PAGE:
Modern Monetary Theory is correct in stating that a sovereign currency issuer cannot “run out” of the money they alone can produce. This means that the true constraint for a currency issuing nation is inflation and not solvency. But if this is true then what does MMT say about how it will control inflation?
At its core MMT is a quantity theory of money. In the MMT world T-Bonds are a type of high powered money. But instead of using reserves or cash to control the policy variables, as a Monetarist might prescribe, the MMT advocates believe we should focus entirely on fiscal policy. In fact, they believe we should restrict Monetary Policy almost entirely by setting a permanent Fed Funds rate of 0%. In doing so they are pure advocates of setting policy via fiscal measures.
How would this work in practice and would it actually work? We have no idea and MMT is vague on the specifics.
What we do know is that MMT policies would very likely result in a significant increase in the size of the government given their desires for a national Job Guarantee and their tendency for Liberal policies. So the worry about inflation under a MMT regime is a legitimate one.
MMT has several claims about how they would control a high inflation:
- The MMT Job Guarantee is supposedly a “price anchor” that will create full employment with price stability.
- MMT claims you can reduce inflation by increasing taxes via automatic stabilizers.
- MMT claims you can micromange the economy, regulate and implement price controls.
These are bold claims given that there is virtually no evidence that supports these claims. First, the MMT Job Guarantee has never been tested anywhere in a developed economy. And there is evidence that it would act more as a “price buoy” as opposed to a price anchor. This makes sense since it would set a floor under wages.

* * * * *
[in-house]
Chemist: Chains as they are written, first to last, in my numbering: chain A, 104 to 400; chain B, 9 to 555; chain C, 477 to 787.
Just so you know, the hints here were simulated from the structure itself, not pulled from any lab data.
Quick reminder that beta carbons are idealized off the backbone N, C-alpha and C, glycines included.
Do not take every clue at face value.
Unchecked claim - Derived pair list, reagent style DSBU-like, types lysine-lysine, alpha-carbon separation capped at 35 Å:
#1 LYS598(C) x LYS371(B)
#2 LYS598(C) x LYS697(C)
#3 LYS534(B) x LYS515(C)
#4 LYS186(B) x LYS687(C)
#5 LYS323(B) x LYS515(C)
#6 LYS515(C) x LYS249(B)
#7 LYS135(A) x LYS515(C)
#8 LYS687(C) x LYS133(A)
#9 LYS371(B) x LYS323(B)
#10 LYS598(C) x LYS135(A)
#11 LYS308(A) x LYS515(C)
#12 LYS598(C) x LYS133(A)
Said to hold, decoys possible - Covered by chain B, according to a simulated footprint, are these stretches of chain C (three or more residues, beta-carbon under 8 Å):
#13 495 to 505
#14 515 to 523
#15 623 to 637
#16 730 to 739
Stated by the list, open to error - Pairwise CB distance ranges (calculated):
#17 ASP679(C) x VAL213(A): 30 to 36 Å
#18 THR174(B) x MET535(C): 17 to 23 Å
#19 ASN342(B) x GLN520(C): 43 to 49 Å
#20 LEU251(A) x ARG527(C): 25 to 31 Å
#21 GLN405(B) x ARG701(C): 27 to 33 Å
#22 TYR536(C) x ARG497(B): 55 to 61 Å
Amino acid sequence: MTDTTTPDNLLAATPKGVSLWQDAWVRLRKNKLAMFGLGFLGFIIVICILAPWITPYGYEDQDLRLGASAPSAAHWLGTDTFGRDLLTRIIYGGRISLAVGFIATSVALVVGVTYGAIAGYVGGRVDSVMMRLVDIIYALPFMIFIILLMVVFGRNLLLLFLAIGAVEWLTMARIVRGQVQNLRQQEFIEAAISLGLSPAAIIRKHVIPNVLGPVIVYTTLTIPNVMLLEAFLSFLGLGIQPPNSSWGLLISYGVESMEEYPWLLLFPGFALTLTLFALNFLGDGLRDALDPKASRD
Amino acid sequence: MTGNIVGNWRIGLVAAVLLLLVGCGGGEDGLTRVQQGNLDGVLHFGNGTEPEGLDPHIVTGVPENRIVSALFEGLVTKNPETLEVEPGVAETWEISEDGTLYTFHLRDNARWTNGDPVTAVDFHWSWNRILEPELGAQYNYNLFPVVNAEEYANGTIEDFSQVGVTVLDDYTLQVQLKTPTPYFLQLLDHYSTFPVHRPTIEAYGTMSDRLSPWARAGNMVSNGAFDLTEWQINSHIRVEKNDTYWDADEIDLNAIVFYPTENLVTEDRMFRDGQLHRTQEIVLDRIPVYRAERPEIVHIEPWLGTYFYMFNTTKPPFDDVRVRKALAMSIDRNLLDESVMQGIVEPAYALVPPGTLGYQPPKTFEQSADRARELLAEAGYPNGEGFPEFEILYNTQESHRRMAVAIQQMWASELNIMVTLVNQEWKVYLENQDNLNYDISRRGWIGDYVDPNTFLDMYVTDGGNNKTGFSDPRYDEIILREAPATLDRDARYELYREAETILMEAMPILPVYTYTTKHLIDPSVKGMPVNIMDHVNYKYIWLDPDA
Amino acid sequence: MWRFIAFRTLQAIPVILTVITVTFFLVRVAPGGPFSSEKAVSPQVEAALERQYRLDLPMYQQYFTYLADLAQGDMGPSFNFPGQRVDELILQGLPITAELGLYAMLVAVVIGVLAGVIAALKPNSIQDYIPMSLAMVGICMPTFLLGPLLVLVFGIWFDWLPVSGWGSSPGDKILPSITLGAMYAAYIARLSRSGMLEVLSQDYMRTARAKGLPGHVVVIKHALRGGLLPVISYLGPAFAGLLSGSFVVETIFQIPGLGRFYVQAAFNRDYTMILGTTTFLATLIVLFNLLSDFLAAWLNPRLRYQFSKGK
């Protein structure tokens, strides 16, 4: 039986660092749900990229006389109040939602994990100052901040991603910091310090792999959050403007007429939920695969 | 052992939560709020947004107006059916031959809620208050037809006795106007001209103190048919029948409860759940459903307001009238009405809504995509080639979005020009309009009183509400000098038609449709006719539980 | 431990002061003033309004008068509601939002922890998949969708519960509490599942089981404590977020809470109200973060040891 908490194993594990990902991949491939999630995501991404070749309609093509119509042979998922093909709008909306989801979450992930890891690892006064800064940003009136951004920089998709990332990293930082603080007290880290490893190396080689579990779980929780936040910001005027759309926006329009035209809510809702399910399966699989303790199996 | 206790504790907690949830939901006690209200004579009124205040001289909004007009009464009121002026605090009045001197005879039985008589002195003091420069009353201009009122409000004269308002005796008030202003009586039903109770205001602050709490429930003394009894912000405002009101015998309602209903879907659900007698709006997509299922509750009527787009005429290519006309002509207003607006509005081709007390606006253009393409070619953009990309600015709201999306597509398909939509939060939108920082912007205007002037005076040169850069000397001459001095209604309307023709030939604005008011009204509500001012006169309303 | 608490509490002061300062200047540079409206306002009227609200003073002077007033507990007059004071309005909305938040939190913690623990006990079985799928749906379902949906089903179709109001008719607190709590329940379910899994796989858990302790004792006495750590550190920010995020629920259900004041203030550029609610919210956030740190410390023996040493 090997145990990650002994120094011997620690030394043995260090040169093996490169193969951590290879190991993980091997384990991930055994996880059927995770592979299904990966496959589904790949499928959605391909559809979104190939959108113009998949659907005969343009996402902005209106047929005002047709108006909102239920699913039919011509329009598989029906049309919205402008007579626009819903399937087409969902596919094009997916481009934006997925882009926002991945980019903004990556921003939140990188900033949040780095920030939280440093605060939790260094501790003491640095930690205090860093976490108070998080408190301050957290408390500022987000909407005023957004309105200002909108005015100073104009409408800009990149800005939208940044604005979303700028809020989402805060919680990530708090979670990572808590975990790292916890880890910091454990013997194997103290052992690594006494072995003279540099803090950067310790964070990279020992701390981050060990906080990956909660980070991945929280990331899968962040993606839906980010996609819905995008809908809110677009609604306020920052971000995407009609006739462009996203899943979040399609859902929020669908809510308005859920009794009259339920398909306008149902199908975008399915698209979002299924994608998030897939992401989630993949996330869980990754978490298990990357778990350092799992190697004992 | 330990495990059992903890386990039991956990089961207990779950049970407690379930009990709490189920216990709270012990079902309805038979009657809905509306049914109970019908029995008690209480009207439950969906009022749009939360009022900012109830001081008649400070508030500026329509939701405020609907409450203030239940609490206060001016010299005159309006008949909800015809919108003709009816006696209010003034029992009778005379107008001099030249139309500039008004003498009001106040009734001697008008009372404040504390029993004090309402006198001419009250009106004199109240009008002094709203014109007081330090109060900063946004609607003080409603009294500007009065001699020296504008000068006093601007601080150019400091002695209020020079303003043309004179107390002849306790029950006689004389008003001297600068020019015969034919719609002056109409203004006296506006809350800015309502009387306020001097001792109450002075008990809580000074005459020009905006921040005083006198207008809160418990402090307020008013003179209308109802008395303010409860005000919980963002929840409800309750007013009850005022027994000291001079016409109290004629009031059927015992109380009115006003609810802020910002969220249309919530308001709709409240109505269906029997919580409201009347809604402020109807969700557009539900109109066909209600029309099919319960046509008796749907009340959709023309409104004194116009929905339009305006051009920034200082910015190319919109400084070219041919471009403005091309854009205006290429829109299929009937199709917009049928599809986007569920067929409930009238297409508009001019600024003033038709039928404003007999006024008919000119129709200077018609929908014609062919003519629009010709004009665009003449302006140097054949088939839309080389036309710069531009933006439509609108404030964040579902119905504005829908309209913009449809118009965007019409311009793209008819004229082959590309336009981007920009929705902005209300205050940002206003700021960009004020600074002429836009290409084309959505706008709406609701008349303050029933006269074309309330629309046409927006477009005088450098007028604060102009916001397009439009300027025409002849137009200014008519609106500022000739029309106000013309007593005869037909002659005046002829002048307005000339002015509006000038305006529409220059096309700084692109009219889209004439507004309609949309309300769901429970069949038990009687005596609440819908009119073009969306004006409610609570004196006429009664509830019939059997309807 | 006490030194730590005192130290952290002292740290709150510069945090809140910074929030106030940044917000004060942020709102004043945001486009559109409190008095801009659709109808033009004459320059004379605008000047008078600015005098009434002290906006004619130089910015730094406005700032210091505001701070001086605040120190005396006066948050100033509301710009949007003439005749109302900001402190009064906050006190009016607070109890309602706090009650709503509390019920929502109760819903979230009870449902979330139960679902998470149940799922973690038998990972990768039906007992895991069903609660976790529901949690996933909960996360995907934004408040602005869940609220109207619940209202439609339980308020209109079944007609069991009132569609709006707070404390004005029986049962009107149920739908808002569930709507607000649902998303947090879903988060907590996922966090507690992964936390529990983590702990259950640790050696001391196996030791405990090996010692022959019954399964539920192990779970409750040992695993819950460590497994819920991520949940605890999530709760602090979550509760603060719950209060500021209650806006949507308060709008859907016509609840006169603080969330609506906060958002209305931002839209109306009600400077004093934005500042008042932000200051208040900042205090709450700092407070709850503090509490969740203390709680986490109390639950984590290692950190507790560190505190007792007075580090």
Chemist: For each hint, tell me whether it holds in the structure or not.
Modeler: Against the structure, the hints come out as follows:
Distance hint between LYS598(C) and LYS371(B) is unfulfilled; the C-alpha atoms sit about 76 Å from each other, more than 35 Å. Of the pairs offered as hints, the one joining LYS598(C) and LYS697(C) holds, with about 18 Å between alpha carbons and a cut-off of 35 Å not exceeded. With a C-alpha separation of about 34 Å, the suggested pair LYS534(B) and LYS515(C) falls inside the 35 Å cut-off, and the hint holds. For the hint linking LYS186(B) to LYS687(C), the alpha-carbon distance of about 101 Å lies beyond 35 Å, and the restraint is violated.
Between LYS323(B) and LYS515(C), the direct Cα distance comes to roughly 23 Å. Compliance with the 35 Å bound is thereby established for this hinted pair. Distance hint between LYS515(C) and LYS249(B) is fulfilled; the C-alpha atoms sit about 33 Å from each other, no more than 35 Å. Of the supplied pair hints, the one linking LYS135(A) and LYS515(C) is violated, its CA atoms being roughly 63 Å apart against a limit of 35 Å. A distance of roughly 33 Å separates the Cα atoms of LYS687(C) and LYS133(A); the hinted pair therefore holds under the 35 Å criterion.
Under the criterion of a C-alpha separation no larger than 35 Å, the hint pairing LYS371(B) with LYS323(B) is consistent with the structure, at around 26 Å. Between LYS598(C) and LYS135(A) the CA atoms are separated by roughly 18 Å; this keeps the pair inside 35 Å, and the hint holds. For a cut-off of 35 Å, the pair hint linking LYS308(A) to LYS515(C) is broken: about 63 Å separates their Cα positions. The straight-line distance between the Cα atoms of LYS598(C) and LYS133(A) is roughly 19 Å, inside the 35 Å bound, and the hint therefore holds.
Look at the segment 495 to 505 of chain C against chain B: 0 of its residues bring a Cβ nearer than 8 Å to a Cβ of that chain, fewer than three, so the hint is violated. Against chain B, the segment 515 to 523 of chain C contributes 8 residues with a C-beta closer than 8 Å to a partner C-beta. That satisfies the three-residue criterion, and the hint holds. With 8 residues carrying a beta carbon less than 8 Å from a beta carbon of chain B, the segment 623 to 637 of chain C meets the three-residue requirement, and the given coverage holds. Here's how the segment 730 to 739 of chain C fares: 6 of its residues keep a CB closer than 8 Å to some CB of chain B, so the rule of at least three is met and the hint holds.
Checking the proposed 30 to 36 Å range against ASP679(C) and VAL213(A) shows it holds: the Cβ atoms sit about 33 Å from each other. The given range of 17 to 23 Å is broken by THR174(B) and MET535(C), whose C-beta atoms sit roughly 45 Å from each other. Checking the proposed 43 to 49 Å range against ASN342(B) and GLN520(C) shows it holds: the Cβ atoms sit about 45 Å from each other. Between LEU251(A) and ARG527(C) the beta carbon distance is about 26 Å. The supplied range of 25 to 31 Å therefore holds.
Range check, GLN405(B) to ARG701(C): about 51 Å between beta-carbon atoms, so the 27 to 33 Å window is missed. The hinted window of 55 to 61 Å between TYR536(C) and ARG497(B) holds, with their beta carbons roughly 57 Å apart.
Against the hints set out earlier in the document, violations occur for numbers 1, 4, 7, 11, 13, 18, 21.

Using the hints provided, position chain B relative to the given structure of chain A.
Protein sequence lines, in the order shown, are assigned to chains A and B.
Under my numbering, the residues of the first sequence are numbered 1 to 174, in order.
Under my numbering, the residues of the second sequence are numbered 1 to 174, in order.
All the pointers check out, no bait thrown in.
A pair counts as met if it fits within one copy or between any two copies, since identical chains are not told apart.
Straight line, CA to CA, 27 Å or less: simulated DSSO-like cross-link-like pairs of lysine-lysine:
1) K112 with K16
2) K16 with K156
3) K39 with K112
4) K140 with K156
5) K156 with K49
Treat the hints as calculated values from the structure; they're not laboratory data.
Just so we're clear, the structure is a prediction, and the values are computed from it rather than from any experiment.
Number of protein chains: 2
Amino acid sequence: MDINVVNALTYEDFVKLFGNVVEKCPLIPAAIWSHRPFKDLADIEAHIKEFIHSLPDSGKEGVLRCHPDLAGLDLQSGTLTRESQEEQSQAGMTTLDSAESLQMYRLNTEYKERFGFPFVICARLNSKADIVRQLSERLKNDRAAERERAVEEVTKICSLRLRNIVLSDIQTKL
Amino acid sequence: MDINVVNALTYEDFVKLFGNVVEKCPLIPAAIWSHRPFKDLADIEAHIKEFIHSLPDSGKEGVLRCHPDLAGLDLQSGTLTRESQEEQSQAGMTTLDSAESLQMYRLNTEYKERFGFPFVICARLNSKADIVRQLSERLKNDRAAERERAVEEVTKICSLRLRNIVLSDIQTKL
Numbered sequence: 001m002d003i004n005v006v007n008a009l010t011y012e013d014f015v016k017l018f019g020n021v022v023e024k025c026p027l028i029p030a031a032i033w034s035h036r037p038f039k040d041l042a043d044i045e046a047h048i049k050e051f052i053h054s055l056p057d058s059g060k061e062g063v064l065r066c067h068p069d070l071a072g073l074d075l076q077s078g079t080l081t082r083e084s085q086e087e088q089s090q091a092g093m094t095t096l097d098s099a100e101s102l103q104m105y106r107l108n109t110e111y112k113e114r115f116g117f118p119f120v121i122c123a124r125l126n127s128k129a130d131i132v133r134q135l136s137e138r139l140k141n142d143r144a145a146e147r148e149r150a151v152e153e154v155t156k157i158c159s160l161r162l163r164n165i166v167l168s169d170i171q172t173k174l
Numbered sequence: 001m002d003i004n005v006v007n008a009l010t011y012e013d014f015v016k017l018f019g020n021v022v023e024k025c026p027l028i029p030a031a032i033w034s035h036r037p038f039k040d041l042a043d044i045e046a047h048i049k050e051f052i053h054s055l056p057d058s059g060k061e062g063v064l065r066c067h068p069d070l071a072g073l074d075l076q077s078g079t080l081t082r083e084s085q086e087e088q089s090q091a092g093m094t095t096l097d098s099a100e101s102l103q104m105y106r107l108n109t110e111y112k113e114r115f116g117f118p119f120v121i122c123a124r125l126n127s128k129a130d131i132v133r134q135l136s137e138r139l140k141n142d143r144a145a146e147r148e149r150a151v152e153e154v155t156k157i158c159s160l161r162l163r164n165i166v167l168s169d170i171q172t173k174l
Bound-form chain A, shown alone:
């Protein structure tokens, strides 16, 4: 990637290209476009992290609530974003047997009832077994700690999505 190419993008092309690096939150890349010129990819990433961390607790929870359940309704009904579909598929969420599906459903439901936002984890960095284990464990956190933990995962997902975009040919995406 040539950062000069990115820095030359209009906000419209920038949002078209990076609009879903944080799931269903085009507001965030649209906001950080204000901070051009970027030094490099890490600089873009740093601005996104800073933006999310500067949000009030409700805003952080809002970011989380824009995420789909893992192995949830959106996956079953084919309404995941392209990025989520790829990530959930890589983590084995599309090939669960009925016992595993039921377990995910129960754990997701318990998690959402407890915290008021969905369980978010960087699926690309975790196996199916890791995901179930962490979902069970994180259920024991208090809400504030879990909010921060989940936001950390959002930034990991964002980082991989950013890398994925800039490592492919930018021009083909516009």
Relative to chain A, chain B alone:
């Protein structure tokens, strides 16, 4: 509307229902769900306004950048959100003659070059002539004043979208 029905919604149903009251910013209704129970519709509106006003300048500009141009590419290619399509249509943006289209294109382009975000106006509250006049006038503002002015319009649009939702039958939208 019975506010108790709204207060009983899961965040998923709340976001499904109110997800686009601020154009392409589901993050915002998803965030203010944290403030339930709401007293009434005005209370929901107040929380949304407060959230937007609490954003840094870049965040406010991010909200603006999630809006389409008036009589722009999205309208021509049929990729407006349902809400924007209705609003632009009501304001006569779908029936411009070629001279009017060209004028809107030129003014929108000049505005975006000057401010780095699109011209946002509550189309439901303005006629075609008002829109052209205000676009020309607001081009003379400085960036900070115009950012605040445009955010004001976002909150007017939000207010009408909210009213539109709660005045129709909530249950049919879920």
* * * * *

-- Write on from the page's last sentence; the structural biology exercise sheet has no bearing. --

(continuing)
Second, there is no empirical evidence showing that tax increases are an effective way of combating inflation. And more worrisome is the fact that MMT does not believe in running budget surpluses. In this sense they are not true countercyclical Keynesians. So one must wonder – how can you control inflation if you are increasing the deficit at all times? But how would this actually work in practice? MMT says we should target inflation and not budget sizes. Okay, what does that mean? Are we supposed to believe that Congress can be trusted to look at ex-ante inflation data and set the budget size based on their estimates of future inflation? And we are supposed to believe that they will agree with one another and change policy in a timely fashion?
Thirdly, price controls and micromanaging regulations are Latin American style inflation fighting tools. They’ve been largely abandoned in developed economies because there is only weak evidence that they can control the broader price level.
Lastly, MMT appears wholly naive about the fiscal policy and monetary offset. They believe the Fed could set rates at 0% and that this wouldn’t exacerbate inflation in a high inflation environment. There is zero evidence to support such a claim.
These are untested questions that raise very legitimate questions about how a MMT regime would be managed. In this sense MMT deserves criticism since they have no empirically tested theory of inflation.